Eric Valentine PT. 1: The Birth of Undertone Audio


As one of the most notable studio minds of his generation, Eric Valentine has mixed, produced and engineered the likes of Queens of the Stone Age, Good Charlotte, The All-American Rejects, Slash and more. Yet, since 2004, Valentine has also taken an interest in building and creating his own gear.

Under the banner of UnderToneAudio, Valentine and his team of techs have taken these creations out of the basement and made them a viable commodity for anyone interested in great recording equipment. In honor of the new relationship between Vintage King and UnderTone, Eric Valentine sat down for a chat with VK and talked all things recording.

Did you start recording music or working on gear first?

I definitely got interested in recording when I was young. I sort of pieced together home recording setups with tape decks, Radio Shack mixers and that sort of stuff. My father was an electrical engineer, he worked in aerospace, so I grew up with electronics and there was just a lot of that stuff around. I didn’t really intentionally get into it until later on. I always wired my own studios and felt comfortable soldering, all that sort of stuff, but I didn’t really get into it until about ten years ago.

Which is roughly around the time that you formed UnderToneAudio?

Yeah. It started when I was faced with this issue that nobody was building a recording console that was going to work for me. I had owned a procession of Neve consoles over the years. The first one was a vintage 8038 with 32 1081s in it and it was just a beautiful console. It was great for tracking, but not that extraordinary for mixing.

After that I got an 8128 and I really loved that console, but it was just falling apart and I was just tired of replacing buttons and having things disappear in the middle of a mix. I just couldn’t rely on it anymore. So then I bought a new Neve console, which is amazing, but it just wasn’t right for me. It was too big, too much to use and insanely expensive. I just needed to have a console that fit into my workflow.

I was fortunate enough to meet this guy, Larry Jasper, who is hands down the most brilliant studio tech and audio design person I’ve ever met in my life. It was really because of the relationship with him that I felt comfortable moving forward and designing a console. He’s the guy that does the heavy lifting of the design at the circuit level. He and I, together, developed the circuitry for the two consoles we built that were for my recording facilities.

At the end of the process, a lot of people were very interested and it seemed like people would be into owning the equalizer and circuitry that we came up with. There was something about it that was really unique and had never been done before. That’s when we decided to go ahead and pursue it as a product.


When you’re starting from scratch with a console, what are your first thoughts?

The two main things that I needed were to have a console that had the sound quality of the vintage Neve, but with a much more flexible equalizer. That’s the thing. It just didn’t exist. It was a Class A vintage circuit with an equalizer that could get really surgical. With all the consoles I had been using, there was always this point where I was like “I’m going to have to go to an outboard equalizer to make this sound right.” If I have a console that has 50 to 60 equalizers in it, I want that to be my first choice, at least 90% of the time. Those were the main goals for me, so that’s what we did.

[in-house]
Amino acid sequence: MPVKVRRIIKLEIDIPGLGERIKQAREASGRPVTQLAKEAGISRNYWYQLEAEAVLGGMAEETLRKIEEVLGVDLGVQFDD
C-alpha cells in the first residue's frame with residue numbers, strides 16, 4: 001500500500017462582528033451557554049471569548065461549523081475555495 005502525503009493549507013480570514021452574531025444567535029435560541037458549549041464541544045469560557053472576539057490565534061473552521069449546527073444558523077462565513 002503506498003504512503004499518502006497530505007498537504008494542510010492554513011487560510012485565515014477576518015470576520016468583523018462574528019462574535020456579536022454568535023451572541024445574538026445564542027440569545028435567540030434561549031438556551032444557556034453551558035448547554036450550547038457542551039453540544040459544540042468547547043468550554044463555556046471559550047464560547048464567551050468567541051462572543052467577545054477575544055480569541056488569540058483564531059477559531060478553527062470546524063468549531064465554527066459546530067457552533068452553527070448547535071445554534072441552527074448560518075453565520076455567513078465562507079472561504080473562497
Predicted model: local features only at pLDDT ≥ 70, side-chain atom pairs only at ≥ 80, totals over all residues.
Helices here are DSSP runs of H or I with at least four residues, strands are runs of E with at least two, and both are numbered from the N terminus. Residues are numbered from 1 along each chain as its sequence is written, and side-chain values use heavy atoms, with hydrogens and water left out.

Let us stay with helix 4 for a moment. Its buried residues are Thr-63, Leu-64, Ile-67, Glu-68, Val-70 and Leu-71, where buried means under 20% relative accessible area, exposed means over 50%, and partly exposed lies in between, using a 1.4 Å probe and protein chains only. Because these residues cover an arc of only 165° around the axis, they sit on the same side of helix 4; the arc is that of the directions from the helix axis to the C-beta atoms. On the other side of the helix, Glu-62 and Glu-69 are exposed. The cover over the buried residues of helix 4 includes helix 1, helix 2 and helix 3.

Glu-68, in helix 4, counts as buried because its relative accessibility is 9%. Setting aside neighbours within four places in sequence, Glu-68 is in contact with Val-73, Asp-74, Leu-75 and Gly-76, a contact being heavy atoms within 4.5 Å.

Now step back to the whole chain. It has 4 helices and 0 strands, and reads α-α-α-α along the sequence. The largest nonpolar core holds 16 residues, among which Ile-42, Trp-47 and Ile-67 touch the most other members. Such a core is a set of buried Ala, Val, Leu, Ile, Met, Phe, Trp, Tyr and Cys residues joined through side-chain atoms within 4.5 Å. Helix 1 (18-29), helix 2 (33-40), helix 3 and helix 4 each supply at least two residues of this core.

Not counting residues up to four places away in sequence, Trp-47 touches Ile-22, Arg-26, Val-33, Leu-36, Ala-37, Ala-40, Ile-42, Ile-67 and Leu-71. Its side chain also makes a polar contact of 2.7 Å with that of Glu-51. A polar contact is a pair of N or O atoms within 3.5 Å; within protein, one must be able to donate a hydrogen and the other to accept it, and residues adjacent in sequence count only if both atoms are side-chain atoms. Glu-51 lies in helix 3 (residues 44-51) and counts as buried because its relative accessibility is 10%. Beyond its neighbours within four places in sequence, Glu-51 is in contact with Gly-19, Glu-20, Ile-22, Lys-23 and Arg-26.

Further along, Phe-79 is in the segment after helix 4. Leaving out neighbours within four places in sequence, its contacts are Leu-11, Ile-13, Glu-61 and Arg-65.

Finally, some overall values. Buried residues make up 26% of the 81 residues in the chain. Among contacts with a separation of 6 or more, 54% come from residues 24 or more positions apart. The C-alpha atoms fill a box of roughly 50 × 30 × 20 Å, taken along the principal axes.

Everyone loves asking you about the difference between digital and analog recording, but how does that yin and yang come into play when you are creating a piece of gear?

There are some things designed into the UnderTone circuitry that are really meant to address some of that. Larry has some very specific concepts about the liabilities of digital recording. There can be some pretty nasty artifacts in the extended high frequency range, above where the anti-aliasing filter is, so the UnderTone circuitry has additional filtering up in that range. This happens in particular with the 96k sample frequency.

The sample frequency that has artifacts left over can be very similar in range to the oscillator frequency on a tape machine. So, if you’re playing something off a computer, and putting it on a tape, there will be an interaction that can throw off the biasing on the tape machine. This is very finite, theoretical stuff, but this is the kind of stuff we considered during the design.

The other side of that is the console, and all audio gear in general, needs to have a low catch filter that is filtering out any possible interference from RF signals. All sorts of gear has done it different ways, some of the older gear was more aggressive about it, especially the EMI gear, the TGI series stuff, it has an incredibly aggressive low pass filter. So much so that it caused a phase shift in the high frequencies. On a TGI series console, you can’t really do parallel anything on that console because if you have one signal that shows up in a channel and then come outs and goes into another channel, the high frequencies will cancel out.

On the UnderTone stuff, we put a lot of effort into filtering in a way that would not cause a phase shift in the high frequencies. There is a linear phase design, which is a three phase filter that does it on the UnderTone console.

In Part 2 of our discussion with Eric Valentine, talk turns to UnderToneAudio's famed MPEQ-1, which is now available through Vintage King. Learn how this mic pre/equalizer evolved over time and has become the backbone of Eric's recording techniques.

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